The U.S. Supreme Court on Thursday overturned the use of affirmative action in higher education, outlawing college admissions decisions based on an applicant’s race.
The development came through two landmark decisions, ruling in favor of the plaintiffs in a pair of cases that targeted these policies at the University of North Carolina and Harvard University.
Writing for the majority, Chief Justice John Roberts argued many university leaders “have concluded, wrongly, that the touchstone of an individual’s identity is not challenges bested, skills built, or lessons learned but the color of their skin. Our constitutional history does not tolerate that choice.”
Roberts wrote Harvard and UNC admissions programs “cannot be reconciled with the guarantees of the Equal Protection Clause.”
“Both programs lack sufficiently focused and measurable objectives warranting the use of race, unavoidably employ race in a negative manner, involve racial stereotyping, and lack meaningful end points. We have never permitted admissions programs to work in that way, and we will not do so today,” Roberts wrote for the majority.
The justices ruled 6-3 in Students for Fair Admissions, Inc. v. University of North Carolina and ruled 6-2 in Students for Fair Admissions, Inc. v. President and Fellows of Harvard College that the affirmative action policies instituted by these major universities are unconstitutional.
As expected, the decisions — two separate appeals heard together — were split by ideological lines.
Roberts, in his majority opinion, was joined by conservative Justices Samuel Alito, Clarence Thomas, Neil Gorsuch, Brett Kavanaugh and Amy Coney Barrett; Justices Sonia Sotomayor, Elena Kagan and Ketanji Brown Jackson, the liberal side of the bench, dissented.
Brown Jackson, an African American, did not rule in the Harvard case due to her close ties to the university.
In her dissenting opinion on the UNC appeal, she argued the majority decision rested “on the bottom-line conclusion that racial diversity in higher education is only worth potentially preserving insofar as it might be needed to prepare Black Americans and other underrepresented minorities for success in the bunker, not the boardroom (a particularly awkward place to land, in light of the history the majority opts to ignore).”
“It would be deeply unfortunate if the Equal Protection Clause actually demanded this perverse, ahistorical, and counterproductive outcome. To impose this result in that Clause’s name when it requires no such thing, and to thereby obstruct our collective progress toward the full realization of the Clause’s promise, is truly a tragedy for us all,” Brown Jackson wrote.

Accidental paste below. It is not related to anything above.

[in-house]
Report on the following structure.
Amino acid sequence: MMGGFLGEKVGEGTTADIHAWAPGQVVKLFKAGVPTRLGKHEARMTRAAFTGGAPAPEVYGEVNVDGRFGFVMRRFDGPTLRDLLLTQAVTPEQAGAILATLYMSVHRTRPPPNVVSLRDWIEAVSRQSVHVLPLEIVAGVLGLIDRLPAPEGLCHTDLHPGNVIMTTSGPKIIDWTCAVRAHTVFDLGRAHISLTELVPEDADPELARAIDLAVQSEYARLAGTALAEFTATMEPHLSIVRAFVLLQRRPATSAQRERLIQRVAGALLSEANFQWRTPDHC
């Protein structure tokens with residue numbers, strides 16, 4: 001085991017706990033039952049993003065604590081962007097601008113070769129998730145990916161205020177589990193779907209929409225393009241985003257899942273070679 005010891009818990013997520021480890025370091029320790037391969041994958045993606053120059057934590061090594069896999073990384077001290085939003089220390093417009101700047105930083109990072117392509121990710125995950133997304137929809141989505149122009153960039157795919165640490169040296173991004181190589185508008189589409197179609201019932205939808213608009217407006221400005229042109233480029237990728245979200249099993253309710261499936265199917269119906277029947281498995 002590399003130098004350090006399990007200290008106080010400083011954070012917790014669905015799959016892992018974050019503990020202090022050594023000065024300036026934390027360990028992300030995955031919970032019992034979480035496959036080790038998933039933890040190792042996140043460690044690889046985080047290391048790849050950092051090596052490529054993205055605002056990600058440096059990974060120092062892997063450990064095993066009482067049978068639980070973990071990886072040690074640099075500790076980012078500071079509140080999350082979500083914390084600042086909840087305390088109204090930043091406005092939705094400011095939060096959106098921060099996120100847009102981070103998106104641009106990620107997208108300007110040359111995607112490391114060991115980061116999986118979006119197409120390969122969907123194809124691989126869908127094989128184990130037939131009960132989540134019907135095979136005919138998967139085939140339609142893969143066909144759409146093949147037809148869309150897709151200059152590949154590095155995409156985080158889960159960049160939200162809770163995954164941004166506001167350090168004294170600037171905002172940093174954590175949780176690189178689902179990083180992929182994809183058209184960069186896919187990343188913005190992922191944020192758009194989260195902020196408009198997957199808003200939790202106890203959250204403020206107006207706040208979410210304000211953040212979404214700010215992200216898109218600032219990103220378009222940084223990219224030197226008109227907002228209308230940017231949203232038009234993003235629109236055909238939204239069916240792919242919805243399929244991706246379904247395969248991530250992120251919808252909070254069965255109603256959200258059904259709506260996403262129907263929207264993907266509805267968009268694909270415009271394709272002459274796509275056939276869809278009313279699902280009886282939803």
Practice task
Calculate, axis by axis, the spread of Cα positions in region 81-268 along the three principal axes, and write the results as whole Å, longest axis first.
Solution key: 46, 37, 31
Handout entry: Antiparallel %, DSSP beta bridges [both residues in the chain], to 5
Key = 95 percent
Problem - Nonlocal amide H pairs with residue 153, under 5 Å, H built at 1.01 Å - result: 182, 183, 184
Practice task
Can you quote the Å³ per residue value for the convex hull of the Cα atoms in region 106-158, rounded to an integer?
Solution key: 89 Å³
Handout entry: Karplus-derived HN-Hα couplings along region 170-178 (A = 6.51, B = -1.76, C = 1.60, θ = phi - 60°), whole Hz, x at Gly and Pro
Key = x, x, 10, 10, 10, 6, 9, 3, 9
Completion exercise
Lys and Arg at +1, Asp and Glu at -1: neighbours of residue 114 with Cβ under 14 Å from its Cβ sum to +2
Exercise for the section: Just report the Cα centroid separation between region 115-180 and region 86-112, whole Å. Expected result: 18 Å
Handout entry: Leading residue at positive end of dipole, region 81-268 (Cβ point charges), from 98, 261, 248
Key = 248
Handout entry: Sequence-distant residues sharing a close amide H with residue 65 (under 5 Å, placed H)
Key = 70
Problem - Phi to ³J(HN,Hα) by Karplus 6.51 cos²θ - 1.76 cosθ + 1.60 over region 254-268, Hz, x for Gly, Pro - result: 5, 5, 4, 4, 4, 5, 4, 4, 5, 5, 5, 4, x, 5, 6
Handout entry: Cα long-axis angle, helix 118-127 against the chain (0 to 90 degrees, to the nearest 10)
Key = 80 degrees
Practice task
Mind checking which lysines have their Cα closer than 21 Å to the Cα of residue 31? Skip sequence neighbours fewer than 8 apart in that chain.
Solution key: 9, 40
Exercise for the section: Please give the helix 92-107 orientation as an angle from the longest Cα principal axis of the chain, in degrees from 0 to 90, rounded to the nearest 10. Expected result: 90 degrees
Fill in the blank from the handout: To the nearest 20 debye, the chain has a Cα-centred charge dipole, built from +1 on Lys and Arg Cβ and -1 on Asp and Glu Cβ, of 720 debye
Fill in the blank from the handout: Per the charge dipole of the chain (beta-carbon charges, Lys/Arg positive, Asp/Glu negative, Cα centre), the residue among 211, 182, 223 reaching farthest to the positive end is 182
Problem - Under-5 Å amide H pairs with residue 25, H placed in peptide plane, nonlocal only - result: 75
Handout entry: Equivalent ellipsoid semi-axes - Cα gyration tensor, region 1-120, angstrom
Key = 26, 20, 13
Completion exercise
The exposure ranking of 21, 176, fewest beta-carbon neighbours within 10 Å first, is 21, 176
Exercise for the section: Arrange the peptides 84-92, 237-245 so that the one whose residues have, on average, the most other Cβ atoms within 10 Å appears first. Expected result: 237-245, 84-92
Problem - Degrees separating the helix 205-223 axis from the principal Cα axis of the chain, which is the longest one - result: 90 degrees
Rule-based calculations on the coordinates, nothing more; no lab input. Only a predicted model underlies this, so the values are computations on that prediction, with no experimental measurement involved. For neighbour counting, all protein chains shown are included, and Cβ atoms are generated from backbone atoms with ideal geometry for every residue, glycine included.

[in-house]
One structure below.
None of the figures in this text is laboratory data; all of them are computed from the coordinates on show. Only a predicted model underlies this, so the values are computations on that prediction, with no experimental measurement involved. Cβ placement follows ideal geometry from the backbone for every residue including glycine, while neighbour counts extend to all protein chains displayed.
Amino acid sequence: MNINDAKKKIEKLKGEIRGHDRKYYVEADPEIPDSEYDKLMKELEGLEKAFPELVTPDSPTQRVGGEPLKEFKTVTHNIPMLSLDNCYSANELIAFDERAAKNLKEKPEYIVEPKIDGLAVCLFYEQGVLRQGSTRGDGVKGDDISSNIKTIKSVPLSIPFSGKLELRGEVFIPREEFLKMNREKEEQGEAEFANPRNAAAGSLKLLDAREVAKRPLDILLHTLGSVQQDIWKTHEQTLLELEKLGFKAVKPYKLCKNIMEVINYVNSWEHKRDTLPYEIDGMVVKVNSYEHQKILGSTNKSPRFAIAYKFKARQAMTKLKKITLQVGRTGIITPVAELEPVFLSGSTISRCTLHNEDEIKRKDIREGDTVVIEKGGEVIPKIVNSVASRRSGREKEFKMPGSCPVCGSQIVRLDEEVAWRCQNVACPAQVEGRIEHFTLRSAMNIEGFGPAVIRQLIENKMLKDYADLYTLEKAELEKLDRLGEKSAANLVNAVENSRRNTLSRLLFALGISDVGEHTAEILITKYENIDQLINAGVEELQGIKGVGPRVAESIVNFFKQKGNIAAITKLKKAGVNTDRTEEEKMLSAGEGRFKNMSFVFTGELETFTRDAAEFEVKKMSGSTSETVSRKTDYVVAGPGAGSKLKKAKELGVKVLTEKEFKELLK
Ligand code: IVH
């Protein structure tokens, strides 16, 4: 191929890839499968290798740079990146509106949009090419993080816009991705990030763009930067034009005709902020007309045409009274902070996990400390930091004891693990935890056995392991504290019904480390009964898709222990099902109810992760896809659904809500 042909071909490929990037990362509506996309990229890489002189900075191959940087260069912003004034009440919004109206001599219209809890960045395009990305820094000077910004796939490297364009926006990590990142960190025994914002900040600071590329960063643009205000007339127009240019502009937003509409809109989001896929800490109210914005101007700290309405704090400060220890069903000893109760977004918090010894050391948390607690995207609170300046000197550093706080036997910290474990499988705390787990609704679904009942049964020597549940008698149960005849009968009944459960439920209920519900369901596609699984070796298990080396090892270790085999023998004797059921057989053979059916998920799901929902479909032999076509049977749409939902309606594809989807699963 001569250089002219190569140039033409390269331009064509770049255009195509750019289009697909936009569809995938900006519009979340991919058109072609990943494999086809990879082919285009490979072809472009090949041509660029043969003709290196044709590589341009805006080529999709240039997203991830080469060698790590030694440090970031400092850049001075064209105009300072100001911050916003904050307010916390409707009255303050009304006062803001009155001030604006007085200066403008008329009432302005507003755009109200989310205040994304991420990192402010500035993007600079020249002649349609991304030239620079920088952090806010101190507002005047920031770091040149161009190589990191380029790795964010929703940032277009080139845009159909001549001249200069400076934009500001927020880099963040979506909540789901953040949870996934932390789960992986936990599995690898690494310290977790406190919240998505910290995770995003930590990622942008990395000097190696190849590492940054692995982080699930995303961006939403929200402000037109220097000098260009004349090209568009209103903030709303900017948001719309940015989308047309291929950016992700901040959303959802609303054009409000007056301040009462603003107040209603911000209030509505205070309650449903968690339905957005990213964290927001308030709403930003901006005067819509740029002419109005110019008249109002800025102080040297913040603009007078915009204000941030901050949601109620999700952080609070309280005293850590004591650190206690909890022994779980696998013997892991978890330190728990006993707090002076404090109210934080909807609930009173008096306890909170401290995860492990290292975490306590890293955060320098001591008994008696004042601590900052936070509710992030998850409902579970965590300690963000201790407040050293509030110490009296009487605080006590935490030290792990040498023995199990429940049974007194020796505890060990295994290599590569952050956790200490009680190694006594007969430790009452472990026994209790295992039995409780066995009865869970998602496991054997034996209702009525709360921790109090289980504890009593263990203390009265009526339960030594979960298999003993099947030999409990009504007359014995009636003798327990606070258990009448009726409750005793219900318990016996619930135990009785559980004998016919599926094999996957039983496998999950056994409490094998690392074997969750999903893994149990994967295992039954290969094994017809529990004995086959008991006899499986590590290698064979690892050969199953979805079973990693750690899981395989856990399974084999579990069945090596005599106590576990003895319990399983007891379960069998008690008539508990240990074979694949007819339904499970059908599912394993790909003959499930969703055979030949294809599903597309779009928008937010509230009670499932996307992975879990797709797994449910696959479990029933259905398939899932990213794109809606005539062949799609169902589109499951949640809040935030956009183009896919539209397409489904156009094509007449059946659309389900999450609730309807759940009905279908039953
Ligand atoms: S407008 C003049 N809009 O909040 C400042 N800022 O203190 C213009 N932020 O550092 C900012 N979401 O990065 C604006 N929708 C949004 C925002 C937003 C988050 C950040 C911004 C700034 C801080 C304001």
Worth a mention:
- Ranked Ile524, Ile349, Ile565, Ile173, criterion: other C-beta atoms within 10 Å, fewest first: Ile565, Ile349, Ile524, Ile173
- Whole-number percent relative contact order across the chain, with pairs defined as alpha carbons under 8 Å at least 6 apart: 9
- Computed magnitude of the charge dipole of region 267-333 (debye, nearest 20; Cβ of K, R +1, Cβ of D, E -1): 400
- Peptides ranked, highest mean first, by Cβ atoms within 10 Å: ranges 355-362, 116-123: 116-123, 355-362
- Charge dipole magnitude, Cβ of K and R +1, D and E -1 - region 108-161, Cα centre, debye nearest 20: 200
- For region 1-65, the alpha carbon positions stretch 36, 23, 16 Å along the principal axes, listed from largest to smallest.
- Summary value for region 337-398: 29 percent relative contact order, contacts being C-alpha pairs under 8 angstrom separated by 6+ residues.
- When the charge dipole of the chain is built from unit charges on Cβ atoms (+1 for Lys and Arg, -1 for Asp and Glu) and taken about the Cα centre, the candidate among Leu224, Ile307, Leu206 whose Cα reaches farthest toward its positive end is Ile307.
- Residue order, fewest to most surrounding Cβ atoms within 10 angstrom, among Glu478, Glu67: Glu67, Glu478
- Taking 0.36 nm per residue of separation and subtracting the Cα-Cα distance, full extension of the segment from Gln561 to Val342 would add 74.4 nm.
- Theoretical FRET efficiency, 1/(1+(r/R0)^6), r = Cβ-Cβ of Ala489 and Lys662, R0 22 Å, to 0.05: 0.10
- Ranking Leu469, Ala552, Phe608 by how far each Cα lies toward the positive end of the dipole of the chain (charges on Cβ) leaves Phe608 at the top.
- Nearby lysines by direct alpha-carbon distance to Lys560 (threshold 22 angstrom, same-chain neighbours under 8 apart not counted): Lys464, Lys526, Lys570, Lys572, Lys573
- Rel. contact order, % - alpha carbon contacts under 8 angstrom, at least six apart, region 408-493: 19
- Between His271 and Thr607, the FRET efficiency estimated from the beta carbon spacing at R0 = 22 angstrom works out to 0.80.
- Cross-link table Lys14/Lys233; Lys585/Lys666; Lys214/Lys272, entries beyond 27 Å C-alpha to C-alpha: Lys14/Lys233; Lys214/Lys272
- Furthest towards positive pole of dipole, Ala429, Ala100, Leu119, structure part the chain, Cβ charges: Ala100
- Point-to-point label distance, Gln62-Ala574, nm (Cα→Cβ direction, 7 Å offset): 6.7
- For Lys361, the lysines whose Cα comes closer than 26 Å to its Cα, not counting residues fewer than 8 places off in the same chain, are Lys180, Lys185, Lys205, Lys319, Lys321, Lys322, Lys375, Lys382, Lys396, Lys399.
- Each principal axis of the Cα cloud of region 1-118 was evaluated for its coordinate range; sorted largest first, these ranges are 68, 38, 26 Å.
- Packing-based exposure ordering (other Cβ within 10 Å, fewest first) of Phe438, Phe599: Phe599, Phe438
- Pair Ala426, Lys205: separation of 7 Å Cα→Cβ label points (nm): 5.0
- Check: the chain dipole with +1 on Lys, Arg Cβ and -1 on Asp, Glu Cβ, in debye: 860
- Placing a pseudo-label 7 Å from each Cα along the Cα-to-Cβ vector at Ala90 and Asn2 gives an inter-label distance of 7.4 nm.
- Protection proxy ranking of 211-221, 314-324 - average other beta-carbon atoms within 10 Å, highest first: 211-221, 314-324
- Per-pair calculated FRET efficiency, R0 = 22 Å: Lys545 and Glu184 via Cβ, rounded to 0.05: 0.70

The landmark decisions by the Supreme Court appear to overrule Grutter v. Bollinger, a 2003 case in which the high court ruled that colleges and universities could consider race as a factor in admissions so long as other factors were taken into account for applicants.
“Roberts never expressly said Grutter was overturned in the majority opinion,” Constitutional scholar Adam Feldman, creator of Empirical Scotus, told The College Fix via email.
“Thomas said it was essentially overruled in his concurrence. This is sometimes called sub silentio overturning, since it was never expressly written as such in a majority opinion but it is dead law for all intents and purposes. I anticipate people will squabble about Grutter’s status for awhile to come,” Feldman said.
The court also overturned Regents of the University of California v. Bakke, a 1978 landmark decision that barred racial quotas in the admissions process but allowed the consideration of an applicant’s race in determining whether they were admitted to a college.
Roberts wrote that while “the dissent would certainly not permit university programs that discriminated against black and Latino applicants … In its view, this Court is supposed to tell state actors when they have picked the right races to benefit.”
“That is a remarkable view of the judicial role—remarkably wrong,” Roberts wrote. “Lost in the false pretense of judicial humility that the dissent espouses is a claim to power so radical, so destructive, that it required a Second Founding to undo.”
In the months preceding the anticipated overturning, various conservative legal analysts vocalized their support for the court ruling to strike down affirmative action.
Professor Glenn Harlan Reynolds, who teaches at the University of Tennessee School of Law, noted that Asian students had faced routine discrimination from colleges during the admissions process.
“[T]hough the number of highly qualified Asian applicants has grown dramatically in recent years, the number of Asians admitted stays pretty much the same every year,” Reynolds wrote.
Matthew Continetti, a conservative commentator at the American Enterprise Institute, also called for the end of affirmative action.
“For too long, the Court has said that discrimination by race is necessary to solve the problem of discrimination by race. The result has been a legal morass, a constitutional tragedy, and general racial alienation,” Continetti wrote.
UPDATED: This article was amended to clarify the ruling regarding its effect on Grutter.
IMAGE: Erik Cox / Shutterstock